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How to Become a Forensic Nurse

Forensic nurses are the bridge between the health care world and the justice system. They are responsible for gathering and storing evidence that can be used in a court case and taking care of crime victims. Forensic nursing is quite new to the nursing field so it can be hard to find a job at first. However, as crime continues to increase, the demand for forensic nurses will rise as well.

What is Forensic Nursing?

A forensic nurse's main duty is to treat victims of violent crimes and to gather evidence while they are treating their patients. Forensic nurses mainly aid in cases that involve sexual assault, abuse or neglect. They can also be called to give expert testimony if the case they handle goes to court. Forensic nurses must have a working knowledge of the legal system that works in tandem with their nursing background. Their knowledge of the justice system will become useful since they may be called to assist police officers, lawyers or nursing homes.

Education Requirements

The only way to become a forensic nurse is to become a registered nurse first. Many nurses who want to break into the field of forensics find it helpful to become a Sexual Assault Nurse Examiner. To become SANE, registered nurses must complete 40 or more hours of training in the classroom and in the field. This rigorous training program will teach nurses how to collect evidence, like fibers or hair, to use in DNA testing and how to treat sexual assault victims. Upon completion of the SANE program, nurses will need to take a certification exam before they can work with sexual assault victims.

Another path to becoming a forensic nurse is to obtain a higher degree like a Master's or PhD in forensic nursing. As with any nursing degree, potential forensic nurses will need many hours of clinical experience to complete their program. Forensic nurse programs have several areas of focus from criminal justice to mental health to victimology.

It is not necessary to take a certification exam to get a job as a forensic nurse. However, a certification can help increase the chances of landing a job because it shows dedication and lends credibility to the field of forensic nursing. Before nurses can take the credentialing exam for forensic nursing they must have at least 3 years experience as a registered nurse and have completed forensic nurse training.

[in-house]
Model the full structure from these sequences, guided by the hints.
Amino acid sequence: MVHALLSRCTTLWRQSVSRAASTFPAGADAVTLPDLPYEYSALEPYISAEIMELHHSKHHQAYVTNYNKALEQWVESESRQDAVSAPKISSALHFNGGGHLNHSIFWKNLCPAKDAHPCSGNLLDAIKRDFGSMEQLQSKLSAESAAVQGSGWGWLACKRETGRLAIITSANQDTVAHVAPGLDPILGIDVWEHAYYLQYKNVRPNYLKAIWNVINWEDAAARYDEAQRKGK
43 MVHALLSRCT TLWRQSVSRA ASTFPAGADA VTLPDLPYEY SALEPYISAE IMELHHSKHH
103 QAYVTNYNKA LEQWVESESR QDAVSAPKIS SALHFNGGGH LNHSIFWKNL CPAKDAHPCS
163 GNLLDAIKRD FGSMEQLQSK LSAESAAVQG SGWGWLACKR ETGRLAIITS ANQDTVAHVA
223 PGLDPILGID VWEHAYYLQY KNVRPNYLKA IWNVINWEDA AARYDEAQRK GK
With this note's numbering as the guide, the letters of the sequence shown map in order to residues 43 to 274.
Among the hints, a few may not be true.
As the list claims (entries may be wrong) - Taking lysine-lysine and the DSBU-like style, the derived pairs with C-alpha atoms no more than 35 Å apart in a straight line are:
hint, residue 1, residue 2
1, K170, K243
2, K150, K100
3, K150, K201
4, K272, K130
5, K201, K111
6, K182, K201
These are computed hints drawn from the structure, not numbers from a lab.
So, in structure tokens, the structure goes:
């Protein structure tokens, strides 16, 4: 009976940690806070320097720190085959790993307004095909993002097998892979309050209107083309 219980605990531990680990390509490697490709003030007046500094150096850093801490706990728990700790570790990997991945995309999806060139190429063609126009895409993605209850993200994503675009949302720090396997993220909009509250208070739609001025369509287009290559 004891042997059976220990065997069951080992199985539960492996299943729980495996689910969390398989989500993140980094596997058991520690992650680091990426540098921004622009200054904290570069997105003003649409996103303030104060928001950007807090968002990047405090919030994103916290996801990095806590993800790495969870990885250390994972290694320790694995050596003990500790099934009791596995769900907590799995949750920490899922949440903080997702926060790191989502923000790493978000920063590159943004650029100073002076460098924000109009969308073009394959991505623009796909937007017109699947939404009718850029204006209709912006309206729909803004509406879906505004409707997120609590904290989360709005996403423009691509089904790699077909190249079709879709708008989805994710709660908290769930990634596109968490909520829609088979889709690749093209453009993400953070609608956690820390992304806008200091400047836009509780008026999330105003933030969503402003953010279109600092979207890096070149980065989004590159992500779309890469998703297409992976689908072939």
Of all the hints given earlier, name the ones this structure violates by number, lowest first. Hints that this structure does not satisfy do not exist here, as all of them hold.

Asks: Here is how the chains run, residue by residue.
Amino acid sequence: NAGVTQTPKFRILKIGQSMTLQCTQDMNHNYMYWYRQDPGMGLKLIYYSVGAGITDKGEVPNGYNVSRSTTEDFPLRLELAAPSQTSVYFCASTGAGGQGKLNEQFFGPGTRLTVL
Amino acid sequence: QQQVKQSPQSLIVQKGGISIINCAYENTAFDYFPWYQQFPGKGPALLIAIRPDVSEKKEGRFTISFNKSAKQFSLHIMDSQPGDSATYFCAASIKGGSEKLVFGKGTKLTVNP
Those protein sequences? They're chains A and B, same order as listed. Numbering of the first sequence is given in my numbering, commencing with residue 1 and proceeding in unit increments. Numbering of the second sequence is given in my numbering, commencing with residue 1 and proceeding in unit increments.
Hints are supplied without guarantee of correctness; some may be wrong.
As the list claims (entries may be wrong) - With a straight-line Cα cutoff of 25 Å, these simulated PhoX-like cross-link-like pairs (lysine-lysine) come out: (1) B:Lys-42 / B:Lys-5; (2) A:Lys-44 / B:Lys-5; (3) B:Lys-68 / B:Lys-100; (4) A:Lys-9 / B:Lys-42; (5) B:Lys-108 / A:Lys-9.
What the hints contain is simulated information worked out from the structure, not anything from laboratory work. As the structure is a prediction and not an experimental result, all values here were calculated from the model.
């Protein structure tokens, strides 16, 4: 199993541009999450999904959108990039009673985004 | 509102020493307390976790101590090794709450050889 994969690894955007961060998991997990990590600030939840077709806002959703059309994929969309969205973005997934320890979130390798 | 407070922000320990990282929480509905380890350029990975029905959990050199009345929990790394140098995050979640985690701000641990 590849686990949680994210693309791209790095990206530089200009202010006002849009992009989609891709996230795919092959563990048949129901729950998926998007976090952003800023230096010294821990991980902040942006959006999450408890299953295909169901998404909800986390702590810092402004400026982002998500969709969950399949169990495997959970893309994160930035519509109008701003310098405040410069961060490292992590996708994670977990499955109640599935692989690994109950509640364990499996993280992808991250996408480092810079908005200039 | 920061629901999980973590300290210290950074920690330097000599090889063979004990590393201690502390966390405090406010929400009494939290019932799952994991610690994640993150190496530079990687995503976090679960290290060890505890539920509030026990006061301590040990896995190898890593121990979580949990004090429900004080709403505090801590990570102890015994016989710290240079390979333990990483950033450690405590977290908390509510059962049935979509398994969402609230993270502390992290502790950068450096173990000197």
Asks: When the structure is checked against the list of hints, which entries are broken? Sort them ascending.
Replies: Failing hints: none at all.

Necessary Skills

Forensic nurses need to have good observation skills and have a keen eye for detail as they may be called to testify in court cases. They must also be able to keep thorough documentation of the evidence they collect. Forensic nurses need to be familiar with the legal system and terminology since they may be required to testify in court or report back to a legal counsel. They must also be able to treat and identify injuries in cases of neglect and violence. But most of all, forensic nurses need to show compassion toward their patients and have a passion for the medical field.

Salary and Job Opportunities

Forensic nurses mainly work in emergency rooms but they can also work in a variety of environments outside of a hospital. These jobs can include consultants for law firms, nurse coroner, trauma clinic nurse, sexual assault nurse and forensic psychiatric nursing. The annual salary for forensic nurses range from $38,045 to $121,796 per year with a median salary of $64,690. The salary can vary depending on the location of the job, level of education and the place of employment. Becoming a certified forensic nurse may lead to an increase in pay. Nurses who are on call can earn more than those who are employed by hospitals.

Even though forensic nursing is quite new to the medical world, the field is projected to grow by 22% in the next 10 years. The need for forensic nurses continues to increase as each year crime rates climb higher. Each state's requirements to become a registered or forensic nurse are different so look into each state's certification and training requirements before pursuing a degree program.